I won’t go into the plot (it’s not for spoiling – with its artfully constructed narrative line). But let’s just say Mum and Dad are shocked to discover their perfectly brought-up son has done something wrong. Utterly, and seemingly inexplicably, at odds with everything the family believes in and, up until now, presumably these values have been absorbed by their son while growing up? The parents are not impressed and they let it be known. No matter how drunk, influenced by others, or just plain silly a mood he was in – there was no excuse. Emotionally the boy is shunned. Meanwhile the parents look elsewhere for others to blame.

    Well then – as we find out. How about what Mum did when she was about the same age? When all that comes out, Dad comforts his wife. ‘They were different times.’ ‘That was part of the era.’ In the end this unfair protection racket put up against the sins of the son in favour off the mother’s fails to hold up. No walking away from the ending of Fury free and easy. There were loud painful gasps of what felt like self-identification in the withering closing scenes of the play. I certainly felt them in my stomach. This is a play worthy of high praise, not only for taking on the bourgeois mould and unpacking it. But to do so, it needed the skill of a surgeon. I gather director Andrew Upton did encourage Murray-Smith to trim off a little of the play’s flesh before opening. If so, it was a job well done because the passage of the play remains taut, and the bones that hold it together at a structural level are there for us to see. For playwriting craft, it is as close to Ibsen as I have encountered in a long time. In preparation for something I have to say at the end, let’s also remember director Andrew Upton might be new to directing, but his metier is playwriting; and and more often than not in the area of script doctoring – which to me includes his translations into English of, now, a good number of other language classics. I have not seen a lot of Joanna Murray-Smith’s work, and of that I have seen I was aware that I had to take into account my built-in prejudice against plays about the sufferings of the well off. That acknowledged, I still remained ‘iffy’ about some of her work. Quite clearly not this time. This is the world she knows, was brought up in – and it’s mostly best for writers stay as close to that as they can. But taking the bourgeois model, placing it there up on stage before us, and then exquisitely dismantling it, scene by scene, makes this not only a great play. But a breakthrough moment for Murray-Smith.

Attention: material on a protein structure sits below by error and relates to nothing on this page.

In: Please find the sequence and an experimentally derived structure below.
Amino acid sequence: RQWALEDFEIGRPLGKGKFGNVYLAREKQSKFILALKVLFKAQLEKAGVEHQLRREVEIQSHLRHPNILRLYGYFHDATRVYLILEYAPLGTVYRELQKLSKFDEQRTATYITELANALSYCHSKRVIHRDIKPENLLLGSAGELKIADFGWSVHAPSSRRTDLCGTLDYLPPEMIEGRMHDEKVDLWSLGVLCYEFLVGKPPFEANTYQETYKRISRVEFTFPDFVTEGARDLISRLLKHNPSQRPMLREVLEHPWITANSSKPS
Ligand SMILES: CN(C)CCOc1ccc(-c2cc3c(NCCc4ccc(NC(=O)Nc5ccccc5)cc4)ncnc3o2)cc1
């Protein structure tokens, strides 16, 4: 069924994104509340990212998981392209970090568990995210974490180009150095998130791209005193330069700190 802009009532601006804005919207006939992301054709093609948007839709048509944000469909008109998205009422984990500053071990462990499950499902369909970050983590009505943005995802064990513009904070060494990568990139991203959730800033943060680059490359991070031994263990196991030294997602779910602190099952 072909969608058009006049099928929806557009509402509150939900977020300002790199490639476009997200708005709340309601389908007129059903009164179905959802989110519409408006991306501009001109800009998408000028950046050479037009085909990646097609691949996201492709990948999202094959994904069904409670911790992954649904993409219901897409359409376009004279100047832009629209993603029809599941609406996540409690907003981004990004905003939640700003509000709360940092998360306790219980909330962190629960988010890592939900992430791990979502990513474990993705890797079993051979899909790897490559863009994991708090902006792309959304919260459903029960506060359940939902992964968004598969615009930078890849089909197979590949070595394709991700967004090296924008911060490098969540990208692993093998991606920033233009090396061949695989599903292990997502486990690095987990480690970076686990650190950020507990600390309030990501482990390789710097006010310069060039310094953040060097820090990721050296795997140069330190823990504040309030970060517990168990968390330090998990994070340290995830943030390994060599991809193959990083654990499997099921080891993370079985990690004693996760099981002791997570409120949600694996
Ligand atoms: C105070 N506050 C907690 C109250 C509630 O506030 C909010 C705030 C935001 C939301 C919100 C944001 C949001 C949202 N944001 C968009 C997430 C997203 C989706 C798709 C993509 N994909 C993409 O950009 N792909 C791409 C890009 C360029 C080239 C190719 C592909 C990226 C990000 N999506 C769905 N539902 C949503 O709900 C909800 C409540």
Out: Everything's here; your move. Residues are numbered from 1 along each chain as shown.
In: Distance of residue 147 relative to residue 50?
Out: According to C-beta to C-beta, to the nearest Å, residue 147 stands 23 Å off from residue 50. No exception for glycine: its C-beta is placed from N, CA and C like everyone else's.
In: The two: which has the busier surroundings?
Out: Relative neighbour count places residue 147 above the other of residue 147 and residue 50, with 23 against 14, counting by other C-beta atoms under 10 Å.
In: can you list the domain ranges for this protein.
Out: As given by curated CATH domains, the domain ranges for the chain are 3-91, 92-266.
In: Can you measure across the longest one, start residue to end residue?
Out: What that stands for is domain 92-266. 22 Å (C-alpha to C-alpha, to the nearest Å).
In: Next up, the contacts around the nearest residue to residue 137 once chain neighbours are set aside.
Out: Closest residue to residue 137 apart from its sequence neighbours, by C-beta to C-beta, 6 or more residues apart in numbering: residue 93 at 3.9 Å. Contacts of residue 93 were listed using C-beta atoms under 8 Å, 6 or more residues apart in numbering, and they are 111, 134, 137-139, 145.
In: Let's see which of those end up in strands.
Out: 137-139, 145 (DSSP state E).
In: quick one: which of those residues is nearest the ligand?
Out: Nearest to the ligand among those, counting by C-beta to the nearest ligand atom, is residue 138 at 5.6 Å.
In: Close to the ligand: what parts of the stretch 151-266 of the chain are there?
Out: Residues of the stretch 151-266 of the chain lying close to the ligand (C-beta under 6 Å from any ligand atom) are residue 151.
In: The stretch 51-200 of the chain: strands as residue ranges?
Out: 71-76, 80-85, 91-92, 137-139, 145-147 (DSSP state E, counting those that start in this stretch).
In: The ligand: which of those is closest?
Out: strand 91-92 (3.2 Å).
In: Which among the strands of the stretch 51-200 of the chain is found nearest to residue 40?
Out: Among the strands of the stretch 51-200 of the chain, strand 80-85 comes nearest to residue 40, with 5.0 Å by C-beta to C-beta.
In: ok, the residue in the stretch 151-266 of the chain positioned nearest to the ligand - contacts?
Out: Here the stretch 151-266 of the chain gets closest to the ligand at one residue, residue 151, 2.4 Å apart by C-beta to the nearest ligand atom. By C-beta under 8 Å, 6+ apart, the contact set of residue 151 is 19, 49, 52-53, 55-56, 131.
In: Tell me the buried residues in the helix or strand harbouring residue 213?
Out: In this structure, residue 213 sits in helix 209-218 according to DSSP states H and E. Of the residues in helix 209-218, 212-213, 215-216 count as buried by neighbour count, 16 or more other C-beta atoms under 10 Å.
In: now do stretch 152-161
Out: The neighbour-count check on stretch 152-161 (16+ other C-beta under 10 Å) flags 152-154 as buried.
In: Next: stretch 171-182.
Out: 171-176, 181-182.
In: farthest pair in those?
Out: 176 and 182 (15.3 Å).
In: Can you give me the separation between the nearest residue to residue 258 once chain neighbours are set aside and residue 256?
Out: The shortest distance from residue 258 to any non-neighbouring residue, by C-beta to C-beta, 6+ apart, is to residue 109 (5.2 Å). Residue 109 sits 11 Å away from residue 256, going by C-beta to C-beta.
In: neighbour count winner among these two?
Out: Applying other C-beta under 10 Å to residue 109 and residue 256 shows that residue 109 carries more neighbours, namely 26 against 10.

Harry Greenwood, Geraldine Hakewill, Sarah Peirse and Robert Menzies